Duke Radiation Safety
 
Radiation Dose to the Skin From Various Beta Emitters

You Spilled Radioactive Material on Yourself? Here's What to Do...

First, decontaminate yourself! Flush with plain soap and water (no scrub-brush!). Remove any contaminated clothing. Estimate the concentration of radioactive material you spilled, the volume that hit your skin or clothing and the length of time the spill was in proximity to your skin. Click here to view a diagram that depicts these variables.

Next, complete the form below and click the "Compute Dose" button to estimate the radiation dose to your skin. Enter the radionuclide and the type of personal protective equipment (PPE) you were wearing (if any) from the drop-down lists. Make sure you enter values for all parameters, in the appropriate units. If you leave a field blank, a default value [shown in brackets] will be used.

Select Radionuclide:
Select PPE:
Enter Radioactivity Concentration (microcuries per cubic centimeter): [100 uCi/cc]
Enter Volume Spilled (cubic centimeters): [1 cc]
Enter Time Spill Contacted Skin / Clothing (hours): [ 1 hr]
All Done? Compute the Skin Dose:

Credits and References

This Web application is a tabulation of computational results obtained using the program "Varskin_Mod_2". Varskin_Mod_2, which was written by Dr. James Durham at Colorado State University, computes the radiation dose to the skin for various beta-emitting radionuclides in a choice of geometric configurations. The executable code and reference materials for Varskin_Mod_2 were downloaded from the following Web site: http://www.doseinfo-radar.com/RADARHome.html, courtesy of the Radiation Dose Assessment Resource (RADAR) Team.

The beta doses are computed at a depth of 70 microns in the skin (recommended by the USNRC), with no volume averaging performed. The dose is computed directly beneath the center of a 4-cm diameter, infinitely thin disk of radioactivity with an areal density (microcuries per square cm) which is determined by the total radioactivity in the disk ("spilled activity") and the disk area (12.566 square cm). The total disk activity, in turn, is determined from the concentration (microcuries per cc) and volume spilled (cc), which are input parameters. The dose is averaged over one square cm. If there is PPE material between the spill and the skin, the PPE is modeled as an attenuating slab between the skin and the radioactivity disk. The PPE material and thickness are user-selectable input parameters. The density (grams per cc) of the attenuating PPE slab depends upon the PPE material.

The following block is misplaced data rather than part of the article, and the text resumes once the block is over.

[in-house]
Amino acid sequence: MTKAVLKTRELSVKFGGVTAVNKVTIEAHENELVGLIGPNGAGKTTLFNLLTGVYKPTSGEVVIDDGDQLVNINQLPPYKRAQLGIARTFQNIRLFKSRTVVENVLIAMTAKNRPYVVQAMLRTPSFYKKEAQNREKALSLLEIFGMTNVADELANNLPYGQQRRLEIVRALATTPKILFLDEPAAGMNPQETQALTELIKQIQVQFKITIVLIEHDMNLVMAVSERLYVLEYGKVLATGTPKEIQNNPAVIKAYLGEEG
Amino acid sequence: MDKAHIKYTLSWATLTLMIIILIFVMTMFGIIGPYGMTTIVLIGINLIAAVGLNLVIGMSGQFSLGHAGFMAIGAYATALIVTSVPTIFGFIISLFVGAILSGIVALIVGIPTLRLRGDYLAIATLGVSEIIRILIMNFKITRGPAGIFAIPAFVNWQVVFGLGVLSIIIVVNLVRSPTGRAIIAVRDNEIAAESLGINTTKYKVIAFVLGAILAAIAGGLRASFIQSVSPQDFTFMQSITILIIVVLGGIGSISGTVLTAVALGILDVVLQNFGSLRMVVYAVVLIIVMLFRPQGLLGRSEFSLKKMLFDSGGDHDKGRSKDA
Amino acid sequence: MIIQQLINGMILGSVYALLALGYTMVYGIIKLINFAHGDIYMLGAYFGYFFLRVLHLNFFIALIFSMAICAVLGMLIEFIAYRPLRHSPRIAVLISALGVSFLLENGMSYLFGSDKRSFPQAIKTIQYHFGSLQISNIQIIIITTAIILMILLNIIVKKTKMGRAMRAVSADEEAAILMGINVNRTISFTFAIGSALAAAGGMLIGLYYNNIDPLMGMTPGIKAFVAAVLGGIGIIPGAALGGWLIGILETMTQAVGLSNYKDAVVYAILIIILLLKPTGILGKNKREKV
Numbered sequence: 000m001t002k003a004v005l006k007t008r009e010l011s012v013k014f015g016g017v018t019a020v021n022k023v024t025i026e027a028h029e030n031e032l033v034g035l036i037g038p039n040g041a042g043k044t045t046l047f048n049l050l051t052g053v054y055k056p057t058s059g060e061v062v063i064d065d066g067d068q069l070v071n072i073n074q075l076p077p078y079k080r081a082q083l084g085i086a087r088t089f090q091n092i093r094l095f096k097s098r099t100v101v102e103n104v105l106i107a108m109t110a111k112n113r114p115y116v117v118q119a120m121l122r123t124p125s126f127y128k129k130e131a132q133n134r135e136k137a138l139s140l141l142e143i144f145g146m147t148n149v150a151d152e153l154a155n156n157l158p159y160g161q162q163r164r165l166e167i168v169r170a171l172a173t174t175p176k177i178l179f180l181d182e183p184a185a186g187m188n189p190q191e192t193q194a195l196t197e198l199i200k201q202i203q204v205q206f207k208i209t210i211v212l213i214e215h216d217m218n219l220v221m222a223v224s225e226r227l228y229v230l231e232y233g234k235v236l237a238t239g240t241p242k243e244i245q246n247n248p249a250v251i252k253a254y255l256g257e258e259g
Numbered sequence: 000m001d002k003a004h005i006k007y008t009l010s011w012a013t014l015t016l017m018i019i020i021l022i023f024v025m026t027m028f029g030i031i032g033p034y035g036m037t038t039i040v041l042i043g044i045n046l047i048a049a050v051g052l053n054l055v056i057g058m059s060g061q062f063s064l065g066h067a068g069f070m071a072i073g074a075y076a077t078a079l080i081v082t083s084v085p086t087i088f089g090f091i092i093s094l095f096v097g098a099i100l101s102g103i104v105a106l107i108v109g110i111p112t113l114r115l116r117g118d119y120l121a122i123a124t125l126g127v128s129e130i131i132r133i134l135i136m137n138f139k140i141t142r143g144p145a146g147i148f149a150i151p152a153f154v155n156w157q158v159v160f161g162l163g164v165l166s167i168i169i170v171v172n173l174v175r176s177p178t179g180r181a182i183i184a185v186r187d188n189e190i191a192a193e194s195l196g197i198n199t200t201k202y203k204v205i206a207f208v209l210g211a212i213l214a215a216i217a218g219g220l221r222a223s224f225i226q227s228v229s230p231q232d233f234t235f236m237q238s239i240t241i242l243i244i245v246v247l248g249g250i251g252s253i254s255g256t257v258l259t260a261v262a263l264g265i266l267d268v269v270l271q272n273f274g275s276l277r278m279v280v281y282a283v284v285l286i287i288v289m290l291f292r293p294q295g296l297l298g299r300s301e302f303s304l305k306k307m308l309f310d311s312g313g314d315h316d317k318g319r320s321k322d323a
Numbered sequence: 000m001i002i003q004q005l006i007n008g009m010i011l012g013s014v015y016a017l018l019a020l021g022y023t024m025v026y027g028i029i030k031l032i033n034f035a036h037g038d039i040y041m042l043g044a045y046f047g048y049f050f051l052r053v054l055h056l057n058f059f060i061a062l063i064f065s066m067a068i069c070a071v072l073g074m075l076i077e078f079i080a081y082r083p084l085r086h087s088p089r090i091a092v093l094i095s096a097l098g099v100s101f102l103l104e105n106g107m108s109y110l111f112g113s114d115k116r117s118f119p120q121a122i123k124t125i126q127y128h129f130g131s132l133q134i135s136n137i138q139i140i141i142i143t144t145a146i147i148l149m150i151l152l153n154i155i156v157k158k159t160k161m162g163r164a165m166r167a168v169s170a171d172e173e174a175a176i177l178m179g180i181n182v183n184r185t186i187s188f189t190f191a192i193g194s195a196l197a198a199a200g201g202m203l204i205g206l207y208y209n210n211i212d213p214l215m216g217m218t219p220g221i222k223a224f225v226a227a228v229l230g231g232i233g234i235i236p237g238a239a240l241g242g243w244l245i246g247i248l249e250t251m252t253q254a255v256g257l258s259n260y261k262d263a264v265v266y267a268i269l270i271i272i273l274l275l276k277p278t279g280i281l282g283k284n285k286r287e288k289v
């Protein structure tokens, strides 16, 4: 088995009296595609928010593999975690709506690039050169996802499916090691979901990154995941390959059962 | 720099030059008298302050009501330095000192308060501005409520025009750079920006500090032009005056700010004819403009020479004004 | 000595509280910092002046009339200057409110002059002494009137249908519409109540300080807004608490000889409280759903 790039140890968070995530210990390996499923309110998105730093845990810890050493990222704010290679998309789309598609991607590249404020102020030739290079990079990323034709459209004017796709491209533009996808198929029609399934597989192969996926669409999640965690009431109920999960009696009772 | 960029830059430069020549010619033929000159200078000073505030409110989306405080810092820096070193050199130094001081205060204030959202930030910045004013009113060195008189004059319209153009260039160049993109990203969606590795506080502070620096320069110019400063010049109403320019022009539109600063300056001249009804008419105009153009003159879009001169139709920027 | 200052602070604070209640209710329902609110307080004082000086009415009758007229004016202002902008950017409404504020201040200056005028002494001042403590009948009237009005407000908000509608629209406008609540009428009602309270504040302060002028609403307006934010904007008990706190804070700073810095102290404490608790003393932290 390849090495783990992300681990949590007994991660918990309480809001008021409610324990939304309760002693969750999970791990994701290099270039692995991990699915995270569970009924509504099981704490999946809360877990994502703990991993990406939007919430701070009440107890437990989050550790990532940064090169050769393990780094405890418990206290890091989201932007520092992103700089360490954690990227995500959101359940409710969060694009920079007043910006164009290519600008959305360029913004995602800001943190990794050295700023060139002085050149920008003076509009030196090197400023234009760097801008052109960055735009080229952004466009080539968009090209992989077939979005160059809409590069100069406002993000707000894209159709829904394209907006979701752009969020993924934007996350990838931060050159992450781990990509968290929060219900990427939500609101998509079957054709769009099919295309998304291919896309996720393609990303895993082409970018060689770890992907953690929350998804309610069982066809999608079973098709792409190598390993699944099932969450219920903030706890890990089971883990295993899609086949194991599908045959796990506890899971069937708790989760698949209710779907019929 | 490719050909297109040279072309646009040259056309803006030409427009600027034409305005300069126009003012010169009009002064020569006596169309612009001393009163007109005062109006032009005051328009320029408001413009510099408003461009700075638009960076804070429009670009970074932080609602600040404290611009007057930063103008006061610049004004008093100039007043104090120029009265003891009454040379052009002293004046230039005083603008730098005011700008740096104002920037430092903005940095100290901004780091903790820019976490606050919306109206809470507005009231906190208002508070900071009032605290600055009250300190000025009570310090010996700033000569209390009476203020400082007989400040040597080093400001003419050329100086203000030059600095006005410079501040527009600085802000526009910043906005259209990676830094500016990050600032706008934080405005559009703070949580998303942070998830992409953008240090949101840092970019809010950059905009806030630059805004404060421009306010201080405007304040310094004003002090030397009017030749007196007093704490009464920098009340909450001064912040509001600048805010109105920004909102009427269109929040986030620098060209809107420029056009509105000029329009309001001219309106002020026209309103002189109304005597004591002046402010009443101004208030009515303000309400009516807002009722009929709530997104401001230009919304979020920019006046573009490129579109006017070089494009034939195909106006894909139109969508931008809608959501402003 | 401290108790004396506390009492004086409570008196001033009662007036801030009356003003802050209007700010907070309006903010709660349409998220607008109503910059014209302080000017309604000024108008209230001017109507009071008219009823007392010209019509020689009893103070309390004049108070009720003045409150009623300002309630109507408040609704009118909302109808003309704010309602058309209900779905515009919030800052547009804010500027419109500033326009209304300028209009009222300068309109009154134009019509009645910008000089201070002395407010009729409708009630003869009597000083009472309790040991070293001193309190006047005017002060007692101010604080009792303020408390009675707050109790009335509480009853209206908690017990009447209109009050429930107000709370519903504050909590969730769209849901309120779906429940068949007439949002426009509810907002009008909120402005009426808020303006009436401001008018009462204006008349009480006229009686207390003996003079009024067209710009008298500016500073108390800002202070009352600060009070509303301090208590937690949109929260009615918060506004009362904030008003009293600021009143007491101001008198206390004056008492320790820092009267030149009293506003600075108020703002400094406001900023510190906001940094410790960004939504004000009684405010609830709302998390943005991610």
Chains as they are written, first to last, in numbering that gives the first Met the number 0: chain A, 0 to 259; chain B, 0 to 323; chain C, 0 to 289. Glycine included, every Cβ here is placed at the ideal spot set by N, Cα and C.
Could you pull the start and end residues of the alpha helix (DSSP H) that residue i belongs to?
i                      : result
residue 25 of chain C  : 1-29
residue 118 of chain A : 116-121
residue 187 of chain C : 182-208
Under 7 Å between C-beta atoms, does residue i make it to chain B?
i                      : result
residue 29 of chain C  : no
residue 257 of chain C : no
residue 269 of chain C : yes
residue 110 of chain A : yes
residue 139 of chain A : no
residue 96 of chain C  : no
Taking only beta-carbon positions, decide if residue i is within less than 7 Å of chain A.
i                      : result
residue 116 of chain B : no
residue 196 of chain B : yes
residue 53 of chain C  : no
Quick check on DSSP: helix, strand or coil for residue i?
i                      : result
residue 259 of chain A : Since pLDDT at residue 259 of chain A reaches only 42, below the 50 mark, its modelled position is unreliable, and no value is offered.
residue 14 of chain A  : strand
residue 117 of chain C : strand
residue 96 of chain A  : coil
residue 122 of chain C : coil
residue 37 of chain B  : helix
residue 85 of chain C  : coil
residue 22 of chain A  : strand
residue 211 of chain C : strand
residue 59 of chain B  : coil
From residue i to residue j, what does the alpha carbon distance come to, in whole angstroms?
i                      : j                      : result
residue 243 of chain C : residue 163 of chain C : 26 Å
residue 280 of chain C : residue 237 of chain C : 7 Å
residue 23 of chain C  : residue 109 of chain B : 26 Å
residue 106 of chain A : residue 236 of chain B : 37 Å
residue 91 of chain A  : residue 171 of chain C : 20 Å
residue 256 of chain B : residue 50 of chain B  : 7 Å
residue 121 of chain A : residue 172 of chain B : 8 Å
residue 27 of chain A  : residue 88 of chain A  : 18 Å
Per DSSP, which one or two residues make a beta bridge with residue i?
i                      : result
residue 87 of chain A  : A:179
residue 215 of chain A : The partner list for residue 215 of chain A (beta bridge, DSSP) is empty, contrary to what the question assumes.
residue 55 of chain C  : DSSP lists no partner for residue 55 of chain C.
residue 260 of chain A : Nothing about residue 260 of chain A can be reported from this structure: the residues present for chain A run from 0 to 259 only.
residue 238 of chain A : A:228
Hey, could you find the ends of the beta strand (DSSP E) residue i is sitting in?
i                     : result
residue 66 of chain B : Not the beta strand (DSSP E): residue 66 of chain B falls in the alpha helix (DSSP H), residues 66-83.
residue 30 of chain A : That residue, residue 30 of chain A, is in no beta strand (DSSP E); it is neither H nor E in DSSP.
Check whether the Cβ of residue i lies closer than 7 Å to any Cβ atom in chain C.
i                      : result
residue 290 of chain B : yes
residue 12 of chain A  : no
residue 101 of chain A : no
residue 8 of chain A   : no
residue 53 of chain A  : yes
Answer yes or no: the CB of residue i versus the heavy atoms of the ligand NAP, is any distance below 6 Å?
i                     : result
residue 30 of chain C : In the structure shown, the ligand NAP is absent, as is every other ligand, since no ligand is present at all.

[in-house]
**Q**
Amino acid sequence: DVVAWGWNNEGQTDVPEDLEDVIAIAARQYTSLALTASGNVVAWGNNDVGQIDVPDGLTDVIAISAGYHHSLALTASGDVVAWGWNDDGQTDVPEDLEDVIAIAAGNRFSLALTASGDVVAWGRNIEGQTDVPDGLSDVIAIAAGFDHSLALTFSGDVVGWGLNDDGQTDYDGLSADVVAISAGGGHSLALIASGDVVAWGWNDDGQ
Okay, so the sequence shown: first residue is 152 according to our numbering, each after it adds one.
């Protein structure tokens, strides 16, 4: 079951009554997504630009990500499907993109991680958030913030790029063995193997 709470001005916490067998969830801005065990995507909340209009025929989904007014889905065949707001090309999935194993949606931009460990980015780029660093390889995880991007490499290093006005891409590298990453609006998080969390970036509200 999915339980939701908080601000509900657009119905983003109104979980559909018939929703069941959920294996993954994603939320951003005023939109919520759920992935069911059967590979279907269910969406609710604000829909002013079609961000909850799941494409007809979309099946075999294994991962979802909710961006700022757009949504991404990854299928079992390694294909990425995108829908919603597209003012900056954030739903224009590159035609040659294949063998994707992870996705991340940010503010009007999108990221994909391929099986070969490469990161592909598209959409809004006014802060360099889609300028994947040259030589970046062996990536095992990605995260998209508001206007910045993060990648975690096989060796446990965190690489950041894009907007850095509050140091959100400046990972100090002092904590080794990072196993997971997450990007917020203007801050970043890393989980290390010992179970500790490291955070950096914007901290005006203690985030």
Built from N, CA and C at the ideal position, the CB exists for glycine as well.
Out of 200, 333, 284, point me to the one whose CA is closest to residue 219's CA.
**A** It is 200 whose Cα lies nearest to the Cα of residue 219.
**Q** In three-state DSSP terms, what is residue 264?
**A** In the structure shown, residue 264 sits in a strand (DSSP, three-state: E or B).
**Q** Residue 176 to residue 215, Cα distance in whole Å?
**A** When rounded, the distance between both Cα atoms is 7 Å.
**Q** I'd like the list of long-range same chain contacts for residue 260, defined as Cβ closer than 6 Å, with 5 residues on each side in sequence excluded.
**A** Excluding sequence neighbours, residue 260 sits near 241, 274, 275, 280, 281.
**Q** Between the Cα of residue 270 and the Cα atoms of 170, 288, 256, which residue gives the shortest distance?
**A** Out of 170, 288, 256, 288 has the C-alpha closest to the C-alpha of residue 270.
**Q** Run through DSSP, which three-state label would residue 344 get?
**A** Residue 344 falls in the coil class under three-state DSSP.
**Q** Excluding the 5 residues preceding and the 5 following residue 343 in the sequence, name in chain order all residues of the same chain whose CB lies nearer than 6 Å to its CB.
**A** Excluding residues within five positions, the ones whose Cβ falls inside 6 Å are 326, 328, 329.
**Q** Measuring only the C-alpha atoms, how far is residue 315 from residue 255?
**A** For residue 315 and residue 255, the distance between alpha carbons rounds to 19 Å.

For radionuclides that are both beta- and photon-emitters, only the component of dose due to the betas is included in this extended-geometry model. For short-lived radionuclides, the total dose to the skin is reduced for physical decay that occurs during the exposure interval.

Important Note Concerning This On-line Material

This material is for use by Duke University researchers and staff. It is intended to be a convenient reference in the event of skin contamination with radioactive materials. It should not be used as a primary source of information regarding beta radiation dosimetry. The calculations of skin dose are approximations, and are suitable for rapid risk assessment only. Duke University and OESO make no warranty as to the suitability of these dose computations for any other purpose.

For Questions or Comments, Contact...

Robert E. Reiman, MD
General Secretary, DUMC Radiation Safety Committee
reima001@mc.duke.edu
(919)668-3186

Copyright 2000, Robert E. Reiman, MD, OESO and Duke University Medical Center. All rights reserved.